Tuesday, August 25, 2015

Interesting Facts On Gun Control.

The Irish Firearm Custody Order of August 1972
I have been collecting information about the firearm laws of the Republic of Ireland, as well as their effects, including associated levels of crime, for many years. It is over 10 years since I first noted the astonishing doubling of the homicide rate following the Firearm Custody Order of 1972. But I have only just realised that, within that disturbing development, was another one, even more startling.
In August 1972, the then Irish Minister of Justice, Mr Desmond O’Malley, used his powers to take into custody all the private, lawfully-owned and registered pistols and centre-fire rifles (other than.22/250 rifles), throughout the Republic.
Under the Irish Firearms Act 1964, Clause 4 (1), the Minister was given the power, simply by Order, to demand that any or all firearms be handed in
for a maximum of 1 month. Since firearms registration had been a requirement for many years, the government already had lists of lawful gun-owners. So the collection was, of course, virtually 100%
As always, those who possessed guns illegally, whether for crime, terrorism, or any other purpose, were unaffected by the Custody Order.
The reasons for his action were given as the need to secure public safety and the escalating violence in Northern Ireland (which is part of the UK), even though the Republic of Ireland is completely independent of the UK. The Irish government ignored the limitation of a maximum of 1 month contained in the Law and continued to strictly enforce it for 32 years with respect to pistols and substantially so with respect to rifles. Alongside the confiscation of all the registered firearms falling within the Custody Order, the government also blocked all further purchases by civilians.
The inevitable consequences were the destruction of much sport shooting and the closing down of many clubs and gun dealers. The illegal extension of the Custody Order was only brought to an end in 2004 by a constitutional challenge by a private citizen, Frank Brophy, represented by barrister Gerard Hogan, SC.
Irish Murder Rate, pre- and post- the Custody Order
Prior to the Custody Order, the overall murder rate in the Republic for many years had been approximately 0.5 per 100,000, which is an extremely low rate by any standard, reflecting considerable credit on Irish society generally. With the introduction of the Custody Order, the murder rate immediately doubled to approximately 1 per 100,000 and stayed at the new level (which is still low by international standards), for the next 20 years, when it started to rise further.
Inside that disturbing development is hidden another one, even more startling.
Official records show that no Gardai Officers were murdered in the Republic between 1942 and April 1970.
The first for 28 years was Officer Richard Fallon, who was murdered in Dublin during a bank raid in 1970. The story ran for weeks because it was such an unusual event in Ireland.
He was shot with an unlicensed handgun.
No Gardai Officers were murdered in 1971.
Thus 1 Gardai Officer was murdered in the 29 years from 1942 to 1971.
After the Custody Ban the murder of Gardai Officers became much more common. In the 29 years from 1972 to 2001, the following 13 Gardai officers (and 1 soldier, in a double murder) were murdered, all with illegally-held pistols:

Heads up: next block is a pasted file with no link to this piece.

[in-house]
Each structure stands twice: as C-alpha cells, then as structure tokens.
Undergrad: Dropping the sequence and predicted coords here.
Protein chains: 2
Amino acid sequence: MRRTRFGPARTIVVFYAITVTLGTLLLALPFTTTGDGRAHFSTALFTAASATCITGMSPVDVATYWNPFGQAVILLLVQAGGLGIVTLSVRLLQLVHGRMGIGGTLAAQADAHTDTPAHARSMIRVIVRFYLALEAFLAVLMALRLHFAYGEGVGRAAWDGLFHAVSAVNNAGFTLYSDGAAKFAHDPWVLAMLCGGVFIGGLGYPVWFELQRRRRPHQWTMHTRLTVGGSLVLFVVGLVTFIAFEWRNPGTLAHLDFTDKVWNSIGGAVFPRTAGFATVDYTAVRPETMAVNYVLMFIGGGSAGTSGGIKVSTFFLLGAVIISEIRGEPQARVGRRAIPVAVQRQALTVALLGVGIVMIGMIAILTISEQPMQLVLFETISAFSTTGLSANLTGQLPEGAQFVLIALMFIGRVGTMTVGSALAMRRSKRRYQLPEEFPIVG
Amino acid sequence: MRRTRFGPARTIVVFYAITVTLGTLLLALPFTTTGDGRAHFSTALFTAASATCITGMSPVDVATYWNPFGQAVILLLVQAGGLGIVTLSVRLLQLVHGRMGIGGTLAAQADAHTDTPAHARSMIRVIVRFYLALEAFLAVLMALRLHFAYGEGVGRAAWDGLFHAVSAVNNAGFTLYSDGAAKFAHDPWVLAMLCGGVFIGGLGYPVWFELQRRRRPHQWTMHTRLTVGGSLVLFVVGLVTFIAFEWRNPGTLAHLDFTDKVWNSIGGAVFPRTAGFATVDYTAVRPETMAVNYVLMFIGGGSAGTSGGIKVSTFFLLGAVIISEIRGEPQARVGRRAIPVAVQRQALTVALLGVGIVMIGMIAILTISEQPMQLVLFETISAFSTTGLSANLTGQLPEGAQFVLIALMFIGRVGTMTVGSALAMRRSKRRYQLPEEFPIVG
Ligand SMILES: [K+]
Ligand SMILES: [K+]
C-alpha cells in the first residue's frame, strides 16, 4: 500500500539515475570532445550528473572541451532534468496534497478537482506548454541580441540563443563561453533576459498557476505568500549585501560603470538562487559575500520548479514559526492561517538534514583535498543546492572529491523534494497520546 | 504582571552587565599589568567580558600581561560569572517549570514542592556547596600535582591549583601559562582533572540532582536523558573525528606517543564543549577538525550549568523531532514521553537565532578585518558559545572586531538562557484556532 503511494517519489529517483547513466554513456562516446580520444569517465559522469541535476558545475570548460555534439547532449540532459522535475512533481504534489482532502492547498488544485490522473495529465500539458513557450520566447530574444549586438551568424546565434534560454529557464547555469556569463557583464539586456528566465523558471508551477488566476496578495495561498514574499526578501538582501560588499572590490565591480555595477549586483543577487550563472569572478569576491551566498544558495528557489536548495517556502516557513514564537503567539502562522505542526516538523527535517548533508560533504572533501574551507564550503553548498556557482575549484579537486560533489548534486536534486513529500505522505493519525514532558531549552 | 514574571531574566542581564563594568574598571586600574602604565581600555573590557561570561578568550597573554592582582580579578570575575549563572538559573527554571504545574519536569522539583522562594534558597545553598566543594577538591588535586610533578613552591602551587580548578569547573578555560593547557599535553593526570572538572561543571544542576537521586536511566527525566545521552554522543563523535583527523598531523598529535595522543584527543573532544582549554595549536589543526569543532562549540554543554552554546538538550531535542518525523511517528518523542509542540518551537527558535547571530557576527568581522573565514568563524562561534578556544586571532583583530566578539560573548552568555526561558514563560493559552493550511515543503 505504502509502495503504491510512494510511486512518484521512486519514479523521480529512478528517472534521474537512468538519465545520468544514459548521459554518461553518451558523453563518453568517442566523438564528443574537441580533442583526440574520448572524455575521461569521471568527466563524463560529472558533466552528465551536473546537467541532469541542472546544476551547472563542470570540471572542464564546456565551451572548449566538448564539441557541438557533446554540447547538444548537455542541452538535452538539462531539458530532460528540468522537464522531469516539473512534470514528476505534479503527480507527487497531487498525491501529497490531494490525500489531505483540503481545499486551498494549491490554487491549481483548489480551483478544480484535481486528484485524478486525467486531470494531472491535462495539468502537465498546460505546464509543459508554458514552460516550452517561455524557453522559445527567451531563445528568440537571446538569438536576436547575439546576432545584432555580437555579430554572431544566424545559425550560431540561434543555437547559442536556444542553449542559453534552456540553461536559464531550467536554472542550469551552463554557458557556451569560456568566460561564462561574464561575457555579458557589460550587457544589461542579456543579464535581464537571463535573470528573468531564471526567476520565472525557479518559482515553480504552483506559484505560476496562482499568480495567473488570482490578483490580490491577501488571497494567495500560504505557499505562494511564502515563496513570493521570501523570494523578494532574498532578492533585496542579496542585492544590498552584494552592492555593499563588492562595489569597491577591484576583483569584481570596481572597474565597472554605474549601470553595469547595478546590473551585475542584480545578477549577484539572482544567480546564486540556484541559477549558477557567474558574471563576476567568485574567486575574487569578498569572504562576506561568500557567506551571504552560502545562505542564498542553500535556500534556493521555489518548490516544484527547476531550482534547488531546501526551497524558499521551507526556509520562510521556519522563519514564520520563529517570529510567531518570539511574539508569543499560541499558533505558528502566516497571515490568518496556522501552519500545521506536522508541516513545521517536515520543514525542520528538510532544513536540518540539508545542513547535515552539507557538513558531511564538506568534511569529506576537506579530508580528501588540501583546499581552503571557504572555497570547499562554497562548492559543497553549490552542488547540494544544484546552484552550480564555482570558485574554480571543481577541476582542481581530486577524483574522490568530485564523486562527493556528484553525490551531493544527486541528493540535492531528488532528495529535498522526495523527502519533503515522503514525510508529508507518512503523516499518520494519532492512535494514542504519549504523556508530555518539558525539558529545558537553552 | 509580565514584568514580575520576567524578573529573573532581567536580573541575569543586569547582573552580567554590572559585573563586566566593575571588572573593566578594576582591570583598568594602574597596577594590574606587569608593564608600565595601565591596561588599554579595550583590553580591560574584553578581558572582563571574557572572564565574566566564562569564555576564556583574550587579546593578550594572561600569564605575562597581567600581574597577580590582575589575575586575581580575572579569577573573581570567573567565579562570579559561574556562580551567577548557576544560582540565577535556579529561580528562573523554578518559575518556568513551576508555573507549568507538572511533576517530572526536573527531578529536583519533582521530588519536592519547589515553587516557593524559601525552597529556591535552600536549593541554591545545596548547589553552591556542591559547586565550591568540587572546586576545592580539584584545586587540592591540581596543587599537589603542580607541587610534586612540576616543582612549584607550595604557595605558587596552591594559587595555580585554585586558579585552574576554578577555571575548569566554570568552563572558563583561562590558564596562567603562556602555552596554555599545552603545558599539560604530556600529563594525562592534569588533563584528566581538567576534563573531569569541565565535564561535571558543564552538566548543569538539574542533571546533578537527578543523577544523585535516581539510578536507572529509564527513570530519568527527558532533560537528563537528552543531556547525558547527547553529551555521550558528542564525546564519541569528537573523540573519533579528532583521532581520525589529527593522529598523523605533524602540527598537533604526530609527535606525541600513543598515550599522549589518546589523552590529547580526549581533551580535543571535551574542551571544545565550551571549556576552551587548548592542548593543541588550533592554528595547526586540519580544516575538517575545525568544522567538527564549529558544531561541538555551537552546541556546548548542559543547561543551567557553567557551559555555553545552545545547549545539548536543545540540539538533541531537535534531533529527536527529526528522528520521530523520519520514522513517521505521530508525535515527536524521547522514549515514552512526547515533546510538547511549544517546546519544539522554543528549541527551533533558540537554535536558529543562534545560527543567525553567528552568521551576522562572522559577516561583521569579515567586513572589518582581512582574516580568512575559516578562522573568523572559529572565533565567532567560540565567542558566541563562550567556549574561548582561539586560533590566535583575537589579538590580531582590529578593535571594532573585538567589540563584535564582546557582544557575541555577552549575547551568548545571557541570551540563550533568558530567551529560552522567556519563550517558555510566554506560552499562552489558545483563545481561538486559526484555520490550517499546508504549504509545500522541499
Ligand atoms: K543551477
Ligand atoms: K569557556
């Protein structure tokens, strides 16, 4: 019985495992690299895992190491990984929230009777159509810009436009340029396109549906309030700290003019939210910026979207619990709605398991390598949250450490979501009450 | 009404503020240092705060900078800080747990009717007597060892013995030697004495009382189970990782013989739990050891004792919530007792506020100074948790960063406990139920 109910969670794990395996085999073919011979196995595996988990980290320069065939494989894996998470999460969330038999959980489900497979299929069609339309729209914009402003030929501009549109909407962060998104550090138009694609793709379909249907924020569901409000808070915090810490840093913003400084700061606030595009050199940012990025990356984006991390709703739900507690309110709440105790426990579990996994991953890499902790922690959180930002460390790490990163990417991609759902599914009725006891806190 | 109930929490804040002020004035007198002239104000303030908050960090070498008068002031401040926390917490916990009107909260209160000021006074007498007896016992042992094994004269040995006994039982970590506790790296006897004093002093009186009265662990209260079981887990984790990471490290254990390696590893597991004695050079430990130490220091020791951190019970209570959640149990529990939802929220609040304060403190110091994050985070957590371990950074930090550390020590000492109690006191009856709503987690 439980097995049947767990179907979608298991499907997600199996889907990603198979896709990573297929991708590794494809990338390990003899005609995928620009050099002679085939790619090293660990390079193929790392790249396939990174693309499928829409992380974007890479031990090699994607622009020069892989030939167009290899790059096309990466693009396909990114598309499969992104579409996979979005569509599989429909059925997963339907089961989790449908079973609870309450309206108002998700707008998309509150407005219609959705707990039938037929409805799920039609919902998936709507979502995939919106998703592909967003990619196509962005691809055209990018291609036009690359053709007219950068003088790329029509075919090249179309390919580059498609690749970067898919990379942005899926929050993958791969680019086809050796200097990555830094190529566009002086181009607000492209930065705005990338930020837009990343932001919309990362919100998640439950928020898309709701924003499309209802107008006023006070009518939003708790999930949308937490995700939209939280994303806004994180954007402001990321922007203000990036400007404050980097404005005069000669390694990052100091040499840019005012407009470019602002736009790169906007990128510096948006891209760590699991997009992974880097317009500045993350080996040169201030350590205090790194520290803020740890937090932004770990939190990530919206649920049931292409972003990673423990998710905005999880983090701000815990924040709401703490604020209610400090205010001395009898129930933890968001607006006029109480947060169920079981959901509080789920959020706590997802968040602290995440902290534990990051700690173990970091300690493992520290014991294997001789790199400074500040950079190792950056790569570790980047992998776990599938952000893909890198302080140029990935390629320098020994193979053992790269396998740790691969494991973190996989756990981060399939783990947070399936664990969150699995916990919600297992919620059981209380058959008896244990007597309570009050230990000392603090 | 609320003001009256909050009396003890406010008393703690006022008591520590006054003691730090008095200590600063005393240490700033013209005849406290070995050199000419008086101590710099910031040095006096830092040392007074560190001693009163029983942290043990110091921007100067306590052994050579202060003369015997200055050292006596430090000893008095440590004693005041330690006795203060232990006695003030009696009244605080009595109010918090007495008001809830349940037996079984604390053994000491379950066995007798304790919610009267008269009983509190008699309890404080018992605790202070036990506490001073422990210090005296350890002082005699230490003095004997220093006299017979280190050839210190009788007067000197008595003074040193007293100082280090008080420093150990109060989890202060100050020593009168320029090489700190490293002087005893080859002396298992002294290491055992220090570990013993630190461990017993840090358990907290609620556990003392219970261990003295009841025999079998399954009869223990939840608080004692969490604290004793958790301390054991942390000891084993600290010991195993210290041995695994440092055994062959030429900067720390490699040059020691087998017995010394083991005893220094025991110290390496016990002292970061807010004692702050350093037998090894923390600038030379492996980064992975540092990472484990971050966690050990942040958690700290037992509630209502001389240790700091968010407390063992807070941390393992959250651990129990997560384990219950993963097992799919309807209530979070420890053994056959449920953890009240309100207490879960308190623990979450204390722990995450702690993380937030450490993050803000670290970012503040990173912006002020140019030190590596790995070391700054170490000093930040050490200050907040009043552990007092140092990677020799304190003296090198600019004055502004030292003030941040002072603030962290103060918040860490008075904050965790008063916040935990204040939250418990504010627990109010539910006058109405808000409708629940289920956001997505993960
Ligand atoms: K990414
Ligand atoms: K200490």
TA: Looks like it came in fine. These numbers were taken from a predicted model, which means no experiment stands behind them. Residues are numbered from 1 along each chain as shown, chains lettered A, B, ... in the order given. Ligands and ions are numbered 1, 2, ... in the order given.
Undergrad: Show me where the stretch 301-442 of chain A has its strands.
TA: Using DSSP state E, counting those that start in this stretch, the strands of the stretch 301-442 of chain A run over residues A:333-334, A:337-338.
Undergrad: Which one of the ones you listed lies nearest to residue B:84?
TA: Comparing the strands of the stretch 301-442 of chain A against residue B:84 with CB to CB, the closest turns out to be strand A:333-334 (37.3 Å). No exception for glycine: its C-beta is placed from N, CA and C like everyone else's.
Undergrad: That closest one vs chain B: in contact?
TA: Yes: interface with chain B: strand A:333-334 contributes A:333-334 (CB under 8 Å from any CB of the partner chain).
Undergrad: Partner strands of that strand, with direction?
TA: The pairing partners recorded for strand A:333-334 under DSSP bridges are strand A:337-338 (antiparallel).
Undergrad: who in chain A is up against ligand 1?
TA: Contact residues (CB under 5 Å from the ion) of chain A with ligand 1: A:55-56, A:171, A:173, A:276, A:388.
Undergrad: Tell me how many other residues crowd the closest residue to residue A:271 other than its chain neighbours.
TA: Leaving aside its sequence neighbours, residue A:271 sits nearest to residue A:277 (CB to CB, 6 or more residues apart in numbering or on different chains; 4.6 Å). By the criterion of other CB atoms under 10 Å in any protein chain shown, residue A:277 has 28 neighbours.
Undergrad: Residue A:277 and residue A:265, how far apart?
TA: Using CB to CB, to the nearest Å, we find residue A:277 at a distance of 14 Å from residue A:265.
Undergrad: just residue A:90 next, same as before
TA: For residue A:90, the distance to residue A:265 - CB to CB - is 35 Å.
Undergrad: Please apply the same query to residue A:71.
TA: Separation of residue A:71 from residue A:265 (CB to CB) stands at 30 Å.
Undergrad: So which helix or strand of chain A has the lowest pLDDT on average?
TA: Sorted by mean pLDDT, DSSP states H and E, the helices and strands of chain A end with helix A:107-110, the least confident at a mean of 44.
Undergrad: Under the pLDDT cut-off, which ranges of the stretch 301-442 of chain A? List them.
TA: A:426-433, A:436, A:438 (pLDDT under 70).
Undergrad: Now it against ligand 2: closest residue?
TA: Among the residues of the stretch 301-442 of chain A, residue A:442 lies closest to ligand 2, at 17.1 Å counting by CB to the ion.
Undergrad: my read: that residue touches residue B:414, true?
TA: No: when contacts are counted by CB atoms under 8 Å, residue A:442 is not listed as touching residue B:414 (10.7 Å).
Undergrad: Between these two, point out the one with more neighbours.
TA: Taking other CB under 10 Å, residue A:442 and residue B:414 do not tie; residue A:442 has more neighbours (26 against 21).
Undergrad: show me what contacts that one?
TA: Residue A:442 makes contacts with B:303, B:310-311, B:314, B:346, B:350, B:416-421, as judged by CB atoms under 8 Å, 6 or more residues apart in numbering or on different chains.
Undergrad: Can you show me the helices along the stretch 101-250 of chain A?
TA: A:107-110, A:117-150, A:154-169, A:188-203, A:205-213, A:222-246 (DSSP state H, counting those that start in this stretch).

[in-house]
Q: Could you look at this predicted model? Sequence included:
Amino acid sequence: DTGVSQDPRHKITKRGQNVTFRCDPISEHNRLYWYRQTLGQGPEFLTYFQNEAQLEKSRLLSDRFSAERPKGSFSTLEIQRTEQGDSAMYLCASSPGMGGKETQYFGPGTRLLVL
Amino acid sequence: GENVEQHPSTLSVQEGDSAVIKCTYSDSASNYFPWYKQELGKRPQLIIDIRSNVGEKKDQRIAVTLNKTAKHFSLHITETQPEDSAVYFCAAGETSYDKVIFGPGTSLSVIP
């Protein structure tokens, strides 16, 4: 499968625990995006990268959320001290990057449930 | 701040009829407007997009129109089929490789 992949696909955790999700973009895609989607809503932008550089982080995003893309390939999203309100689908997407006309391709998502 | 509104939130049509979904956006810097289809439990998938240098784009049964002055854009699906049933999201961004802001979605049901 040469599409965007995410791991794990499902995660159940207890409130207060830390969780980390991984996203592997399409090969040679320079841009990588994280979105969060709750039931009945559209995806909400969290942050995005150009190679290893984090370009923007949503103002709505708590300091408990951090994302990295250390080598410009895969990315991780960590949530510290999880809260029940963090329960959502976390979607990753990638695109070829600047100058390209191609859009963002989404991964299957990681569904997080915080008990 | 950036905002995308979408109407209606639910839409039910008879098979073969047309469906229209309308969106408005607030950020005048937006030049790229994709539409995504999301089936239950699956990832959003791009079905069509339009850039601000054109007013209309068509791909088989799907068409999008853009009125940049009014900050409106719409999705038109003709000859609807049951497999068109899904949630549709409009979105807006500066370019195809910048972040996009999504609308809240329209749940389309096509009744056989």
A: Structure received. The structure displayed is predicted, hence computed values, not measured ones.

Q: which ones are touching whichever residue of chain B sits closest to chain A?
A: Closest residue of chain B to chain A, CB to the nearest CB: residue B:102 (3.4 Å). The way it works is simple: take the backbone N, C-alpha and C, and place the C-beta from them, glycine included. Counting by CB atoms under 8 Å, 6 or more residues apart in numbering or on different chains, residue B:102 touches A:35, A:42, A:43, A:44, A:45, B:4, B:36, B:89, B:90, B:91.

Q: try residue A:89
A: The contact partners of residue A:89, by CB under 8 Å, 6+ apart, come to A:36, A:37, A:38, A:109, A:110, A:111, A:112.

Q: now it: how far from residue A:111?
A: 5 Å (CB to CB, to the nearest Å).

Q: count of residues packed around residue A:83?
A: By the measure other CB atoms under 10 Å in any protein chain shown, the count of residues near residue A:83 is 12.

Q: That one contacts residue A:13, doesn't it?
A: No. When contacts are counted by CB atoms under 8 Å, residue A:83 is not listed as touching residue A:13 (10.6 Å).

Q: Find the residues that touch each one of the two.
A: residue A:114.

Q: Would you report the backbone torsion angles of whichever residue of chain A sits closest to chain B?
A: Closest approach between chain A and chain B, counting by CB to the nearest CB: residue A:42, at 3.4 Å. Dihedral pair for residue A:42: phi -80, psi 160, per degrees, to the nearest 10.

Samuel Donegan (1972),Michael Reynolds (1975), Michael Clerkin (1975), John Morley and Henry Byrne (1980), Seamus Quaid (1980), Patrick Gerard Reynolds (1982), Patrick McLoughlin (1983), Gary Sheehan and Pte Patrick Kelly (Irish Army) (1983), Frank Hand (1984), Patrick Morrissey (1985), Gerry McCabe (1996) and Andrew Callinan (1999).
Determining the cause(s) for dramatic changes in criminal behaviour patterns is not easy. It may be tempting to assume that the Custody Order was instrumental in the doubling of the overall homicide rate and the dramatic increase in the murders of Gardai Officers, but such a proposition is difficult to prove.
What is absolutely certain is that the government and Gardai had a clear obligation to closely monitor the results of such a drastic policy as the Custody Order.
And yet, despite the extremely rapid, negative results following the Custody Order, the government maintained this illegal, failed and unfair policy for 32 years and only abandoned it when forced to do so.
It should be noted that many gun-control advocates promote extremely severe procedures along the lines of the Irish Custody Order, with the object of banning civilian gun ownership entirely. It is often claimed that more moderate gun control policies fail because they are not drastic enough, nor maintained for long enough. Well, the Irish “experiment” was extremely drastic and was maintained for 32 years, without any identifiable benefits whatsoever to compensate for the damage and gross injustice meted out to the lawful, registered gun-owners of the Republic of Ireland.
Derek Bernard
1st June 2008
NOTE “Homicide in Ireland, 1972 – 1992”
In 1995 Dr Enda Dooley of the Irish Ministry of Justice published a substantial Paper, (ISBN 0-7076-1502-X), in which considerable emphasis is placed on
the fact that the average homicide rate over the period was only 1 per 100,000. No reference was made to the fact that the rate had been very much lower prior to 1972, nor to the fact that the 19% of Irish homicides committed with guns was double the rate in neighbouring UK, which had no firearm Custody Order and much higher civilian firearm ownership levels (the UK ban on pistols did not come into effect until 1997).

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